It’s been more than a year since former San Francisco 49ers quarterback Colin Kaepernick took a knee for the first time during the national anthem. Since then, many other NFL players have followed suit sparking intense national debate. While some support the #TakeAKnee movement and its participants’ focus on bringing awareness to racial oppression, others denounce it as out of place or blatantly disrespectful to our flag, nation and military.
To examine how social activism intersects with sports, race and media in today’s society, the University of Houston is hosting a panel discussion featuring athletes who have incorporated activism into their personal brand and profession — including former Houston Texans running back Arian Foster and 1968 Olympian John Carlos, along with influential academics.
“We hope to be able to facilitate an open, frank discussion where we can really talk about these issues in depth,” said Temple Northup, director of the Valenti School of Communication. “As an academic institution, it is our duty to not shy away from controversial topics, but to foster a conversation where we can hear both sides.”
What: “The Game Changers: From Raised Fists to #TakeAKnee”
When: Thursday, Nov. 16; 11:30 a.m. – 1 p.m.
Where: UH Student Theater, 4455 University Dr., Houston, TX 77204 (Map)
John Carlos: Former track and field athlete and professional football player; stood with his fist in the air on the winners’ podium at the 1968 Olympics in support of global human rights.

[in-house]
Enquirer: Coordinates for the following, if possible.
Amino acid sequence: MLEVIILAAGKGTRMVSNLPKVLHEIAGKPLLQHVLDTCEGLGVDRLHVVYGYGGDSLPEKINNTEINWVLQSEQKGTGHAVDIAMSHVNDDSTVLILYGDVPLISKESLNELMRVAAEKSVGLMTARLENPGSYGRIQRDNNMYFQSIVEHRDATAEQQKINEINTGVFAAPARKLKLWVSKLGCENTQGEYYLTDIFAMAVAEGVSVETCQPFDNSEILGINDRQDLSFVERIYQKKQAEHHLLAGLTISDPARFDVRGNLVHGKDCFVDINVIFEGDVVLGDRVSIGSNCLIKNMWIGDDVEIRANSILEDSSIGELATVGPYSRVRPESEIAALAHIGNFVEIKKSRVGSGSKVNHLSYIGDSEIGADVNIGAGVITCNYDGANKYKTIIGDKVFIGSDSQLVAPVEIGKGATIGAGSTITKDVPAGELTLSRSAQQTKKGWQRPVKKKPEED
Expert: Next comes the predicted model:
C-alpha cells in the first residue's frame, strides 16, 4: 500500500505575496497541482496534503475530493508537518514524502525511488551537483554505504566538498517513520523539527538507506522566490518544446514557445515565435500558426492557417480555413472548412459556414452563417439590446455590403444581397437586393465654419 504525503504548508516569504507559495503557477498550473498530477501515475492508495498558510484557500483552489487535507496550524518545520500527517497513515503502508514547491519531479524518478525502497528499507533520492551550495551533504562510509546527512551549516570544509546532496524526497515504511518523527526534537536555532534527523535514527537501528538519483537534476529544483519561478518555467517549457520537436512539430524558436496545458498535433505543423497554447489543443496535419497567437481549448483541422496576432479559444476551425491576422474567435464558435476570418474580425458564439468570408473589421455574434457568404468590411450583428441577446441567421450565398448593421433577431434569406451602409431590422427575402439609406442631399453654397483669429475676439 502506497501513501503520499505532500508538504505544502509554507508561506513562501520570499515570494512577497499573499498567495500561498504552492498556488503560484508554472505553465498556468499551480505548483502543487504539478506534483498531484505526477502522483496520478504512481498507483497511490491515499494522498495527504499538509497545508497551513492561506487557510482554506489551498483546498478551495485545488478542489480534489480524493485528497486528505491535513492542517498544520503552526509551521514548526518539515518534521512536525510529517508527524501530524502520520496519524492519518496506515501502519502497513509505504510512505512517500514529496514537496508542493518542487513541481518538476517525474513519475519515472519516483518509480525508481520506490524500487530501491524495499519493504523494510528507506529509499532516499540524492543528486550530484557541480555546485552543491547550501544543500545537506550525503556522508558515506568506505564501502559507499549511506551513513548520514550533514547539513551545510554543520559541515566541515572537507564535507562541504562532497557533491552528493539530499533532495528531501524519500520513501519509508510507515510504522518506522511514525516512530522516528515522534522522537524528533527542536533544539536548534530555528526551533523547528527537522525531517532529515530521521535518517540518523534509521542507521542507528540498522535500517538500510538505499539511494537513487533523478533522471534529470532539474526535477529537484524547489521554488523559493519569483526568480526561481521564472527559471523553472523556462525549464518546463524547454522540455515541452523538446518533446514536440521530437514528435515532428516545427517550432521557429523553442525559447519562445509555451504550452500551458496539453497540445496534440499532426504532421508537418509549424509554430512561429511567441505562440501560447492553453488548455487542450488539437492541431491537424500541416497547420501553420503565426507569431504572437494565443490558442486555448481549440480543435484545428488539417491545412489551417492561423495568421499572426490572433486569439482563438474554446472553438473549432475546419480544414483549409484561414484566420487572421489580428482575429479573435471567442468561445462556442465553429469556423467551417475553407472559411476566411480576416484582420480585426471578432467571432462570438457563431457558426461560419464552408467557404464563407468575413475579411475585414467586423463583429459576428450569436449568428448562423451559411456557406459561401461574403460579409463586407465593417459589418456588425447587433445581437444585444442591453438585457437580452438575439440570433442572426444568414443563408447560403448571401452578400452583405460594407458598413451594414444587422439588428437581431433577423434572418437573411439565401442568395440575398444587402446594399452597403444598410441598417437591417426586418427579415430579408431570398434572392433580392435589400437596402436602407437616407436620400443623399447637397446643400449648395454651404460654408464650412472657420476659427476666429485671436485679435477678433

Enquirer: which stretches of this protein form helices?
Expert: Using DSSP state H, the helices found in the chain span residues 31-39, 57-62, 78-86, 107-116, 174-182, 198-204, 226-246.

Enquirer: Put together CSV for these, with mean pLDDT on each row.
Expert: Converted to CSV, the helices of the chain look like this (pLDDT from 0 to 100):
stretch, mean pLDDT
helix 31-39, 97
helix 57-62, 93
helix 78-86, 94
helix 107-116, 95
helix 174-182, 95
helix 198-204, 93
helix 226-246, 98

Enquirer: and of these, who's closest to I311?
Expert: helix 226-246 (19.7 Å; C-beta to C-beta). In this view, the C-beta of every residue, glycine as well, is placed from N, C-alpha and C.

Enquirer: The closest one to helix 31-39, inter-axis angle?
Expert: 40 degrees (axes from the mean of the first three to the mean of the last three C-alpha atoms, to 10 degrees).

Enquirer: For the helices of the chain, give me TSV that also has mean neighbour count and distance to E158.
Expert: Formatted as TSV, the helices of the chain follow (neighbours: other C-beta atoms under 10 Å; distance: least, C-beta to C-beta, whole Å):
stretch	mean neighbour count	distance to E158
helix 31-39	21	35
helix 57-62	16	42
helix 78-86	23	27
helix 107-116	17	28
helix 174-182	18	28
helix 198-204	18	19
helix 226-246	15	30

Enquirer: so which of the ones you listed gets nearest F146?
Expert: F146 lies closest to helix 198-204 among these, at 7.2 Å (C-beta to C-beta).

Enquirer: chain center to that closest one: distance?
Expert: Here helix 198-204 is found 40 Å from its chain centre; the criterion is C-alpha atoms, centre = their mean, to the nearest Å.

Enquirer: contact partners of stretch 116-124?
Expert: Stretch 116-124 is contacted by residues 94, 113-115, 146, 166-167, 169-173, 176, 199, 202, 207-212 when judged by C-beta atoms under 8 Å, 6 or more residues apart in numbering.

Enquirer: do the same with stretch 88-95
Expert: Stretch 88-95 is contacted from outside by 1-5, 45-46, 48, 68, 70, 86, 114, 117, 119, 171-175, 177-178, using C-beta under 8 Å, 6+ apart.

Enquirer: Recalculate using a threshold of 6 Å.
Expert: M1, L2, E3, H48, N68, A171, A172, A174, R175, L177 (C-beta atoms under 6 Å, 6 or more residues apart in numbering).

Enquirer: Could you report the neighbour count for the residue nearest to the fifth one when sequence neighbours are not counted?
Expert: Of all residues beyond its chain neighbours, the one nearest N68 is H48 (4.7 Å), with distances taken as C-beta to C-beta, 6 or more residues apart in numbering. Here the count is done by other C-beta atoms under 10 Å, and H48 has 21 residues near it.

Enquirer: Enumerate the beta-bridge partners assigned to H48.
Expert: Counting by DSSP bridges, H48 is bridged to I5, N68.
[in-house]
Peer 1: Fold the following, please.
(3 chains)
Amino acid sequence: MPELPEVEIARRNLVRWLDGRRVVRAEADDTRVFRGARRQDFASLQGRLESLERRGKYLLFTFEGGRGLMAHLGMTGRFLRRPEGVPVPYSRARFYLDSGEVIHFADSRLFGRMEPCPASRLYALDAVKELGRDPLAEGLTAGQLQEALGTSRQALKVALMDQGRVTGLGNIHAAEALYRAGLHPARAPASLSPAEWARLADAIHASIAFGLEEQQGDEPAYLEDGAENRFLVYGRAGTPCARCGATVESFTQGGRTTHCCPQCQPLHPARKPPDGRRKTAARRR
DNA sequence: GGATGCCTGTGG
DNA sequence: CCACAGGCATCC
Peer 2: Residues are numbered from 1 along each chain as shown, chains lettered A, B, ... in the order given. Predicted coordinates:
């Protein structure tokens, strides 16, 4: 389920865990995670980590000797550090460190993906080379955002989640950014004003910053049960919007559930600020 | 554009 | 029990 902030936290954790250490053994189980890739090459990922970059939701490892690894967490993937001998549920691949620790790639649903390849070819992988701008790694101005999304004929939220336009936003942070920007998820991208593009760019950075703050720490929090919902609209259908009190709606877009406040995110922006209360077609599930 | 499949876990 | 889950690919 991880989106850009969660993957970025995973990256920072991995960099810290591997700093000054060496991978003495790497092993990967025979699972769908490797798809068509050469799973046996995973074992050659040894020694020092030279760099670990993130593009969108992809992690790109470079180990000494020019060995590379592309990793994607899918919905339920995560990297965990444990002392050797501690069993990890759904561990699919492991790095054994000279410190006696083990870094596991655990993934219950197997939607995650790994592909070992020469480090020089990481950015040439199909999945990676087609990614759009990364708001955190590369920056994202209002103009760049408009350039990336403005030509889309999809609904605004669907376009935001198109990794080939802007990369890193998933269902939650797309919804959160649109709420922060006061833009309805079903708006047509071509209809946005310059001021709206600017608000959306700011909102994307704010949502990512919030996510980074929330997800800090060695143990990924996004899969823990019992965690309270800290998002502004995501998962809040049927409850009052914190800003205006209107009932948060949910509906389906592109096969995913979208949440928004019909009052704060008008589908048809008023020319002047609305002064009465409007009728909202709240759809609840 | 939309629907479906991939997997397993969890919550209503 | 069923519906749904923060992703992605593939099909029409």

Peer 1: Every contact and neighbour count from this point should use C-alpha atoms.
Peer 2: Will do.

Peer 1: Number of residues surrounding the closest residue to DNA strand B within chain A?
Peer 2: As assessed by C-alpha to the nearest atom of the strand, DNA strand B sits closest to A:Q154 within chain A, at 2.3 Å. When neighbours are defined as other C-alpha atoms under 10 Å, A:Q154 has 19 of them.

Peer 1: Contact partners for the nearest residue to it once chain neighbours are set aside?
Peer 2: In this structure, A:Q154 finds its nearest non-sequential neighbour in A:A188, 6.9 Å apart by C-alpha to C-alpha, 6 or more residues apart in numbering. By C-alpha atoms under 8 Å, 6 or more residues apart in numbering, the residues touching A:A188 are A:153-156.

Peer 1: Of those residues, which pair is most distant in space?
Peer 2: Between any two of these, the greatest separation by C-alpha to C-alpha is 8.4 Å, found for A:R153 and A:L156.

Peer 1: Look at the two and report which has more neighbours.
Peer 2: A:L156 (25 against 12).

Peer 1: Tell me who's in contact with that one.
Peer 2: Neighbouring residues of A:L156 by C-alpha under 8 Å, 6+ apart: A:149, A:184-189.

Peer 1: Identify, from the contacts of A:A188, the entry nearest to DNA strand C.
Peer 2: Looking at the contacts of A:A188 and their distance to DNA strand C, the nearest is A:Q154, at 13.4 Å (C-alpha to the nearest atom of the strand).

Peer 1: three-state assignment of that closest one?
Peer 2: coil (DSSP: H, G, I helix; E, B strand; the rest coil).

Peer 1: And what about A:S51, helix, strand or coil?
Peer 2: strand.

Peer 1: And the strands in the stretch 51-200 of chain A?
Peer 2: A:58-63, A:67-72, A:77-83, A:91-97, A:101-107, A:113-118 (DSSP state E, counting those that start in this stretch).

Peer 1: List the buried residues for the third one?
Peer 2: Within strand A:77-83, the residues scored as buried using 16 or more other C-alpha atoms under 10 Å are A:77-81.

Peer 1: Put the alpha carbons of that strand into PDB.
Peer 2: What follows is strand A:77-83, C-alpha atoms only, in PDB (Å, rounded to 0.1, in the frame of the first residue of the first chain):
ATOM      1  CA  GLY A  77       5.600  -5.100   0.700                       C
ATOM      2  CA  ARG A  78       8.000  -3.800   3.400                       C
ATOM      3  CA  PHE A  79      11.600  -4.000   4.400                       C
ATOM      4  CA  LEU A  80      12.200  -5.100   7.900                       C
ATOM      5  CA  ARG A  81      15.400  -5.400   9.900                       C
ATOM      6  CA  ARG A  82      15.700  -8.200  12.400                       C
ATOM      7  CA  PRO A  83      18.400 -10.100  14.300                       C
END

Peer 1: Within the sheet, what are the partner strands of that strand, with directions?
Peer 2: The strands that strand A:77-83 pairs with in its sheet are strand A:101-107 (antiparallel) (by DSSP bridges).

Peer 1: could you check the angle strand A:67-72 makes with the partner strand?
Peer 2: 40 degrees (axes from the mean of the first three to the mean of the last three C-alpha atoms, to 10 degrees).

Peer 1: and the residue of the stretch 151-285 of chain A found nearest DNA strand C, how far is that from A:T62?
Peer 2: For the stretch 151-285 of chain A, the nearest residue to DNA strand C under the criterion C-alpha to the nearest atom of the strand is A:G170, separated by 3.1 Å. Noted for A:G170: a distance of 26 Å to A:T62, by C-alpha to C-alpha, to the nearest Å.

Arian Foster: Former NFL All-Pro Running Back and the Houston Texans’ all-time leading rusher; kneeled during the national anthem as a member of the Miami Dolphins.
Ed Thomas: Former All-American New Orleans recruit, University of Houston graduate and professional football player for the Tampa Bay Buccaneers and Buffalo Bills.
Gerald Horne: Moores Professor at the University of Houston’s Department of African American Studies
Len Cannon (moderator): KHOU Channel 11 news anchor
“The messages and meanings associated with social activism symbols in sport are mixed, misinterpreted, or simply misused, causing the truth to be somewhat lost,” said David Walsh, clinical assistant professor in the Department of Health and Human Performance. “It’s important to hold conversations not only to educate people, but allow them the opportunity to reach an objective understanding on issues people care about.”
Despite the recent attention, this isn’t the first time social activism and sports have mixed leading to explosive results. Gerald Horne, Moores Professor of History and African American Studies, will share his opinion with the panel.
“It is important to have this conversation because affluent athletes, many of whom are millionaires, have chosen voluntarily to protest injustice,” he said. “This is not the norm in this nation. It suggests that the problem may be deeper and more profound than some suspect.”
This discussion is jointly produced by the University of Houston's Jack J. Valenti School of Communication, the Department of Health and Human Performance Sports Administration Program and Department of African American Studies.